+
The &lt;em&gt;Network&lt;/em&gt; plugin now needs to be told that it should be receiving data, making this instance a &quot;server&quot;. This is done by telling it which IP-address to listen on using the &lt;code&gt;Listen&lt;/code&gt; configuration option. We use the IP-address &lt;code&gt;192.168.0.42&lt;/code&gt; in this example. You need to substitute that with the IP-address of the server. IPv6-addresses can be used here, too.
  
 
  # Server
 
  # Server
  <Plugin "network">
+
  &lt;Plugin &quot;network&quot;&gt;
   Listen "192.168.0.42"
+
   Listen &quot;192.168.0.42&quot;
  </Plugin>
+
  &lt;/Plugin&gt;
  
 
=== The clients ===
 
=== The clients ===
  
On the clients the <em>Network</em> plugin needs to be loaded, too. The output plugin (in our example that's the <em>RRDtool</em> plugin) does not need to be loaded. But you'll need some plugins that actually collect some data. In this example we'll use the [[Plugin:CPU|CPU]] and [[Plugin:Memory|Memory]] plugins as examples for plugins which collect data.
+
On the clients the &lt;em&gt;Network&lt;/em&gt; plugin needs to be loaded, too. The output plugin (in our example that's the &lt;em&gt;RRDtool&lt;/em&gt; plugin) does not need to be loaded. But you'll need some plugins that actually collect some data. In this example we'll use the [[Plugin:CPU|CPU]] and [[Plugin:Memory|Memory]] plugins as examples for plugins which collect data.
  
 
  # Client
 
  # Client
  LoadPlugin "logfile"
+
  LoadPlugin &quot;logfile&quot;
  LoadPlugin "network"
+
  LoadPlugin &quot;network&quot;
  LoadPlugin "cpu"
+
  LoadPlugin &quot;cpu&quot;
  LoadPlugin "memory"
+
  LoadPlugin &quot;memory&quot;
  
Now you need to tell the <em>Network</em> plugin where it should send the data to. Again, in this example this will be the IPv4-address <code>192.168.0.42</code>:
+
Now you need to tell the &lt;em&gt;Network&lt;/em&gt; plugin where it should send the data to. Again, in this example this will be the IPv4-address &lt;code&gt;192.168.0.42&lt;/code&gt;:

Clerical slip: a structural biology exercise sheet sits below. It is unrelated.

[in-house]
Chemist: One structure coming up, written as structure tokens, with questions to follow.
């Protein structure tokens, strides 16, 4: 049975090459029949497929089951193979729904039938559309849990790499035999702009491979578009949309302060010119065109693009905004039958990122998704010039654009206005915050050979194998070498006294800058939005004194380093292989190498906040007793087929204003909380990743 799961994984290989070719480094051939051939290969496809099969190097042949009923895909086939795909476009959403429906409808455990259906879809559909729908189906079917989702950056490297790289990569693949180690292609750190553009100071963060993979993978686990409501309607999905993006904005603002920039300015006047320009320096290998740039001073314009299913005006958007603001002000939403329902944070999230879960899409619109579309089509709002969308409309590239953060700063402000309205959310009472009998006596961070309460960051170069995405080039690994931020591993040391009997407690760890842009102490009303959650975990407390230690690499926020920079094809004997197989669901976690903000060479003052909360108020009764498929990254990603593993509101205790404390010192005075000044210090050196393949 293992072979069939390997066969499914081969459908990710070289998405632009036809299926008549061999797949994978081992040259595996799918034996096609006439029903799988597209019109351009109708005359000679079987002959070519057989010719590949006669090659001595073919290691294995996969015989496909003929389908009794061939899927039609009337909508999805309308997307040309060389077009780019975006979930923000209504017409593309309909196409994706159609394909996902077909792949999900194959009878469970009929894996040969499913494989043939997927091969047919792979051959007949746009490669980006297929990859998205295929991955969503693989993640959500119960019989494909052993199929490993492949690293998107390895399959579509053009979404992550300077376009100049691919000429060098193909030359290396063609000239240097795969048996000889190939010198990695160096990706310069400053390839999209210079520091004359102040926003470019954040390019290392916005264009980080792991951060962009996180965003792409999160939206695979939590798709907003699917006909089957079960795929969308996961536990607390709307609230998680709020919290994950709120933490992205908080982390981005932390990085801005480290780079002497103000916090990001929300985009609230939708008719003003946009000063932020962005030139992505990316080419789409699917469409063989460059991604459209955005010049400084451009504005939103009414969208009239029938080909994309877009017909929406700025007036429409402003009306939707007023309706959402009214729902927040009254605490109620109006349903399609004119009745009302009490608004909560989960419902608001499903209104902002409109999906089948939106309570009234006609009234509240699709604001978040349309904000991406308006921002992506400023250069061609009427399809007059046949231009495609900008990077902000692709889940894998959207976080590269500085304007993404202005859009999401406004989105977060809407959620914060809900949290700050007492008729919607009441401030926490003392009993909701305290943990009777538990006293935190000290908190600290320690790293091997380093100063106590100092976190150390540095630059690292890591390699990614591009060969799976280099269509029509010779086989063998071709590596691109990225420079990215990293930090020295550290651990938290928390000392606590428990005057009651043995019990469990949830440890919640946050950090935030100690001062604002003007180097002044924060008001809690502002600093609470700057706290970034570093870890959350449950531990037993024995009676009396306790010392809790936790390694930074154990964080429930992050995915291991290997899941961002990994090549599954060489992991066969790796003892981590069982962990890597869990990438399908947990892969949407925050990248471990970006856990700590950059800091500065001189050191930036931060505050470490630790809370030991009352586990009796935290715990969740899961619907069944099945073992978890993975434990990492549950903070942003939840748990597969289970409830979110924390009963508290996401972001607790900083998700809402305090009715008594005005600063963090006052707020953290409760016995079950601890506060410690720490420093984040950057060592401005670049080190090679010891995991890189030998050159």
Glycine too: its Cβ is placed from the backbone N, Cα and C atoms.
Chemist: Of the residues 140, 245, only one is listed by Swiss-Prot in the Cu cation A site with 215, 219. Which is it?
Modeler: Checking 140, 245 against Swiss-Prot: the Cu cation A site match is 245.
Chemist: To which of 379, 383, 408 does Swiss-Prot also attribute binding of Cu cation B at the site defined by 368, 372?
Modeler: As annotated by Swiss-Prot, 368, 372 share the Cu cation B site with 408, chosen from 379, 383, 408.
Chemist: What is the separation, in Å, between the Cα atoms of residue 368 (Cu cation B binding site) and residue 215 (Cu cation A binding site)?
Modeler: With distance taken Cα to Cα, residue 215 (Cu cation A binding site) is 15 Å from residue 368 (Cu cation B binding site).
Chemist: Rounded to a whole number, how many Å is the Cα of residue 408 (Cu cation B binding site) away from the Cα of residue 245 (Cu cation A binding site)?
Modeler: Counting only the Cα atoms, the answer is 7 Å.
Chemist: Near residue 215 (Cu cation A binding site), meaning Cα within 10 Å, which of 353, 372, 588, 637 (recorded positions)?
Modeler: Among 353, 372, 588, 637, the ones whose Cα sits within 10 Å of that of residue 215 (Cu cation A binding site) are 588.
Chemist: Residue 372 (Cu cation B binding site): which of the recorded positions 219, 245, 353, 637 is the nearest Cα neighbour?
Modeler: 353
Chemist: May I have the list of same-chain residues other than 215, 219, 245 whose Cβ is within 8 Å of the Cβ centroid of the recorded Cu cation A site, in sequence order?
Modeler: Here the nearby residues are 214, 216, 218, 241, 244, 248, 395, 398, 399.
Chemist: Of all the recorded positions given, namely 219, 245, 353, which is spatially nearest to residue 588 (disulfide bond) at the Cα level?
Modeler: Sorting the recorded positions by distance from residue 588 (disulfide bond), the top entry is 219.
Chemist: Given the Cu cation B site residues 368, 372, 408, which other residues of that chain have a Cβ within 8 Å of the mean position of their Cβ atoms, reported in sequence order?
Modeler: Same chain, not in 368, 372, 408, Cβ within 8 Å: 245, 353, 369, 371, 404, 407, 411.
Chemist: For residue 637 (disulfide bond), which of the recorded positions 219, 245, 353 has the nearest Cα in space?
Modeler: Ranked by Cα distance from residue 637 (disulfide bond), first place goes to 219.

# Client
 
  # Client
  <Plugin "network">
+
  &lt;Plugin &quot;network&quot;&gt;
   Server "192.168.0.42"
+
   Server &quot;192.168.0.42&quot;
  </Plugin>
+
  &lt;/Plugin&gt;
  
 
== Basic multicast setup ==
 
== Basic multicast setup ==
  
<em>Multicast</em> addresses (both, IPv4 and IPv6) are recognized automatically. On the client there is no difference to sending to a unicast address. The server, however, needs to "subscribe" to the multicast group. This is done automatically when a multicast group is configured. So the following example is all there's to it:
+
&lt;em&gt;Multicast&lt;/em&gt; addresses (both, IPv4 and IPv6) are recognized automatically. On the client there is no difference to sending to a unicast address. The server, however, needs to &quot;subscribe&quot; to the multicast group. This is done automatically when a multicast group is configured. So the following example is all there's to it:
  
 
  # Server
 
  # Server
  <Plugin "network">
+
  &lt;Plugin &quot;network&quot;&gt;
   Listen "ff18::efc0:4a42"
+
   Listen &quot;ff18::efc0:4a42&quot;
  </Plugin>
+
  &lt;/Plugin&gt;
  
 
== Using a different port ==
 
== Using a different port ==
  
By default UDP port <code>25826</code> is used. If that's a problem for some reason, you can configure a different port using the second argument to <code>Listen</code> and <code>Server</code>:
+
By default UDP port &lt;code&gt;25826&lt;/code&gt; is used. If that's a problem for some reason, you can configure a different port using the second argument to &lt;code&gt;Listen&lt;/code&gt; and &lt;code&gt;Server&lt;/code&gt;:
  
 
  # Client
 
  # Client
  <Plugin "network">